Britons, among others in the world, are the most fearful of recurring terrorist attacks, according to a global survey.
Nine out of 10 UK respondents said in a Synovate survey that they expected another terrorist incident after they were jolted by the public transport bombings in July.
''This is the highest among all markets which took part in the study,'' Synovate spokesperson John Surrey said.
A majority of UK and Indonesian respondents said they now looked twice at other passengers on public transport.
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In India, where people have lived through the attack on Parliament four years ago, decades-long strikes on holy shrines and assorted bomb blasts in various parts of the country, 82 per cent of respondents said they feared a repeat incident, but three-quarters said their country could handle it.
In the UK, 77 per cent of the respondents said they did not feel as safe as they used to. They were followed by the Americans (66 per cent) and the Germans (64 per cent).
Surrey said the research confirmed that residents in countries that have been under terrorist attack worried more about a possible recurrence.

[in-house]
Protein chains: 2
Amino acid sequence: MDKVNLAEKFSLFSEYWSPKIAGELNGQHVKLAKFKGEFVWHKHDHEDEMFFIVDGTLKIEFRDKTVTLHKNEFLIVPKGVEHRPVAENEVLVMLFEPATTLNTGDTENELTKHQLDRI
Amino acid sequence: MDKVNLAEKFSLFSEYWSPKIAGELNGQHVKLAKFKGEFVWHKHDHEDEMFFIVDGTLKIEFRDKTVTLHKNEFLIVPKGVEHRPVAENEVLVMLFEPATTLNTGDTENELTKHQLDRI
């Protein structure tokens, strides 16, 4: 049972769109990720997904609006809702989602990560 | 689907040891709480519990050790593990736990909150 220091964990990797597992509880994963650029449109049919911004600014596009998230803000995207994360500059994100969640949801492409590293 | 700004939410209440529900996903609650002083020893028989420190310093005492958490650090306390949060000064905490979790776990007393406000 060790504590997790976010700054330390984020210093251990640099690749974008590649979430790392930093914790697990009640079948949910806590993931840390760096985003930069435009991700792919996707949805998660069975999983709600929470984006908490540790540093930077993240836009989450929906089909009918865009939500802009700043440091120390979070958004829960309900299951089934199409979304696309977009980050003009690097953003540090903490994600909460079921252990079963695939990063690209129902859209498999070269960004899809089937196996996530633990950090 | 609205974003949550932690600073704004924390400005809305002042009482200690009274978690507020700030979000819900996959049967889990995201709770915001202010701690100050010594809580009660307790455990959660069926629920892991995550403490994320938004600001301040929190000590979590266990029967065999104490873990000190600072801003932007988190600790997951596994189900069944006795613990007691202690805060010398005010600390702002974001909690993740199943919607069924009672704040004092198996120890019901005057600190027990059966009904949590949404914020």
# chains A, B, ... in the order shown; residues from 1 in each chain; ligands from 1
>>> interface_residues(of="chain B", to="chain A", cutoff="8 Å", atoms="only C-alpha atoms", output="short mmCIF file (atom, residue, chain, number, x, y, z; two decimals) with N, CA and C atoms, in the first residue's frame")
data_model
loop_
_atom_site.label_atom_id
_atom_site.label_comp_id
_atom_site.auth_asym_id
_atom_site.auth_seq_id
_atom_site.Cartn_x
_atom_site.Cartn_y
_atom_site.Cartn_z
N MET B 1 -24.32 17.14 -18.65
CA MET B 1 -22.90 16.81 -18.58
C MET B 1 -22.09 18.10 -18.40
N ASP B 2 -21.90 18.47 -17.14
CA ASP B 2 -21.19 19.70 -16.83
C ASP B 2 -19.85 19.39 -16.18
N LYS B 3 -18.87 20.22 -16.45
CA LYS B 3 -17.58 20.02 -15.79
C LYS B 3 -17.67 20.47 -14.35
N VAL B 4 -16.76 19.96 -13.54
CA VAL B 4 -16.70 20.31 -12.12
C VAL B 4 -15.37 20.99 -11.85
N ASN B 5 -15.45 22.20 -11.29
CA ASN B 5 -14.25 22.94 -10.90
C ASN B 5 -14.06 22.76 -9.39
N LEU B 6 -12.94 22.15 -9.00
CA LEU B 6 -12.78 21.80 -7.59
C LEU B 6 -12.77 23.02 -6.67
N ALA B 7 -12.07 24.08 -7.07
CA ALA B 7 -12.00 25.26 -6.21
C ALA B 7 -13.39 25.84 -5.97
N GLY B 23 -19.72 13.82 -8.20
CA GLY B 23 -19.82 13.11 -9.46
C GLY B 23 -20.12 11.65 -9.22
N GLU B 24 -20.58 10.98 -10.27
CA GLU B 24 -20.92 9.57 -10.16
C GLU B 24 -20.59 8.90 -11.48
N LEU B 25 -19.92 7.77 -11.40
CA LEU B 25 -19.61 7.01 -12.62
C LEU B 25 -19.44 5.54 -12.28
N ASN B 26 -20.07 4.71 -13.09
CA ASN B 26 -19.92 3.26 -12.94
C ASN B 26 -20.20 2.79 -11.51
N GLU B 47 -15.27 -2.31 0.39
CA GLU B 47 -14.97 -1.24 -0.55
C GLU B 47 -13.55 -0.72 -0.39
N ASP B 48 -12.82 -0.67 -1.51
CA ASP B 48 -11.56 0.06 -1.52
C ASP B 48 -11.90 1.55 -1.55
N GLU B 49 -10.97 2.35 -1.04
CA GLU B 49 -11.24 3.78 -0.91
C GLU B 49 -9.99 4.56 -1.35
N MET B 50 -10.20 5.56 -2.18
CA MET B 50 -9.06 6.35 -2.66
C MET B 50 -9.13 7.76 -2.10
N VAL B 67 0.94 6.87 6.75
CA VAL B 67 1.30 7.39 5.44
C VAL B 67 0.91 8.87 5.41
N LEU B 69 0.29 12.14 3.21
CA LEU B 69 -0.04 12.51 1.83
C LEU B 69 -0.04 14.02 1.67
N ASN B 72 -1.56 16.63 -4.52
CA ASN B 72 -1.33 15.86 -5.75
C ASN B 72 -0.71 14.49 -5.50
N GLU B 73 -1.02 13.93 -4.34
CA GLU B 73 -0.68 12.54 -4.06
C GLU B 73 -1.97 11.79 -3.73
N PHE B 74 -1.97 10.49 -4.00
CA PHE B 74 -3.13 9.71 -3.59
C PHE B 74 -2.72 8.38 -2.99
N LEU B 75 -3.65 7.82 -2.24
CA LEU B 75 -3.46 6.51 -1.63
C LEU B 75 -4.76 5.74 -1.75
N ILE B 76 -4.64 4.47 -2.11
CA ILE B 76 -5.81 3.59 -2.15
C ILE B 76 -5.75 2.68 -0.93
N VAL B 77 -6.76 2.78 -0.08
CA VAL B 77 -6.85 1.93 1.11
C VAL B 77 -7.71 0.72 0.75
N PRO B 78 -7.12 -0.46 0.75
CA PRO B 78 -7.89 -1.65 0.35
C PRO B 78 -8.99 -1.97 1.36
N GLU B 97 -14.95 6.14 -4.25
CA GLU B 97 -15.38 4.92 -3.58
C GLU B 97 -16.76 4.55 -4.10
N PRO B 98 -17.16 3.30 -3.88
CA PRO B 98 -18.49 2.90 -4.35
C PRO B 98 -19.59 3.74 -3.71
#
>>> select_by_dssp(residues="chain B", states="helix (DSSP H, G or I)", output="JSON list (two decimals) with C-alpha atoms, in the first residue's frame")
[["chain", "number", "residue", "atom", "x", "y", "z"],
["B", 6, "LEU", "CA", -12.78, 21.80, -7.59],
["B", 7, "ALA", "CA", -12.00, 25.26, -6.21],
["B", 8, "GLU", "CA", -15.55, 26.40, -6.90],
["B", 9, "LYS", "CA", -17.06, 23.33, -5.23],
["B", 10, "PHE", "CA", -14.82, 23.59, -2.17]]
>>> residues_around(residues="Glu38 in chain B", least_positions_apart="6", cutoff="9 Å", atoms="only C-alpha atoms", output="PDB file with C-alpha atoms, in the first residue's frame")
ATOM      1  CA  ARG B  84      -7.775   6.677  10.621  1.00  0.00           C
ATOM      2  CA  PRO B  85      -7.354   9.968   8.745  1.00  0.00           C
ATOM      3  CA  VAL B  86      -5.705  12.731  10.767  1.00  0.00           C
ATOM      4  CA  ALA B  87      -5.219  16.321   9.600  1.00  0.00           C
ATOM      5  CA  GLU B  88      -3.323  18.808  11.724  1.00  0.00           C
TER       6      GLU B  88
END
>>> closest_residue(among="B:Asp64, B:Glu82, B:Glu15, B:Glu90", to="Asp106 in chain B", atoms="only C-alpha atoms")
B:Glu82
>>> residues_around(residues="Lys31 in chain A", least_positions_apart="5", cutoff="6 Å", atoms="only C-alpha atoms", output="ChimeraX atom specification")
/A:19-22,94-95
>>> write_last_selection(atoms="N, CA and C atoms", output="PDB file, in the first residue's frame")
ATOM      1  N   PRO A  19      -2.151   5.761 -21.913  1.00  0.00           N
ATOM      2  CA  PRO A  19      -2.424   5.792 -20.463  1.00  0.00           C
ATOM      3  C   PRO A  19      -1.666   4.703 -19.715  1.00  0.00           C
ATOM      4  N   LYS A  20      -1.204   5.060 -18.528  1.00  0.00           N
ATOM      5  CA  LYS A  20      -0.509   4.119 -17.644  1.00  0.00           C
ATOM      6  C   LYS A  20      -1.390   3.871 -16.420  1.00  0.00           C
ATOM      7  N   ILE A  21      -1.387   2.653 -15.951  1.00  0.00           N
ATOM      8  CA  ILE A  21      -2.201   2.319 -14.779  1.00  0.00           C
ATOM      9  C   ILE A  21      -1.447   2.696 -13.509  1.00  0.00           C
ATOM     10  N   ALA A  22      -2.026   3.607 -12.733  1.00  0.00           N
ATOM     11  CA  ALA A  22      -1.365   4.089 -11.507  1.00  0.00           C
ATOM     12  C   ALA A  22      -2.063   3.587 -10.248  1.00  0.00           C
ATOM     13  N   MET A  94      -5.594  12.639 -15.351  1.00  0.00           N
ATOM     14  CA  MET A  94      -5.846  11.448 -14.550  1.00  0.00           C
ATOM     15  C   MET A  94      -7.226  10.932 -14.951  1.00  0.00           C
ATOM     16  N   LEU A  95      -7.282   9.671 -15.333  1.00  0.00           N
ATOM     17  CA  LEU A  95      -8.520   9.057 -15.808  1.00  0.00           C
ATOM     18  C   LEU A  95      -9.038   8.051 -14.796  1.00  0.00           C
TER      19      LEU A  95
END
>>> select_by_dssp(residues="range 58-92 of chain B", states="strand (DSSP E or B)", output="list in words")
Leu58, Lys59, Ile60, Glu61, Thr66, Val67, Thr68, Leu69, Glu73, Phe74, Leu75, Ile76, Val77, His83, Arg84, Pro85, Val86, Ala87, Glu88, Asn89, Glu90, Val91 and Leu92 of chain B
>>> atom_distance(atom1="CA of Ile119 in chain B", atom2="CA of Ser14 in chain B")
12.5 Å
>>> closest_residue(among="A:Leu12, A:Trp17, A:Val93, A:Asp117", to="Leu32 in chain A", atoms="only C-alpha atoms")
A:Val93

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''It is clear that the London bombings have heightened fears of another attack in the near future,'' noted Chris Dubreuil, research director at Synovate Views Net.
''As a result, the UK public do not feel as safe as they used to and have changed their behaviour, heeding the government's message of vigilance,'' he added.
Six out of 10 French feel similarly unsettled.
''The fact that the findings show 84 per cent of French people anticipate a domestic terrorist attack is unsurprising,'' said Stephane Courqueux.
''The UK and Spain have seen attacks over the past 18 months-- it may only be a matter of time until we see something similar on French soil,'' he said.
Americans share a similar view. They continue to be on their collective guard, said Synovate's Larry Levin.
''They claim to have made some lifestyle changes to be better prepared for an attack,'' he said.
''Terror of 9/11, coupled with the bombings in London, have led the vast majority of Americans to agree that their country is susceptible to another violent attack. At least 84 per cent of Americans fear a terrorist attack on the US in the near future.
"Importantly, only one in four Americans believe the country are ready to respond,'' Mr Levin said.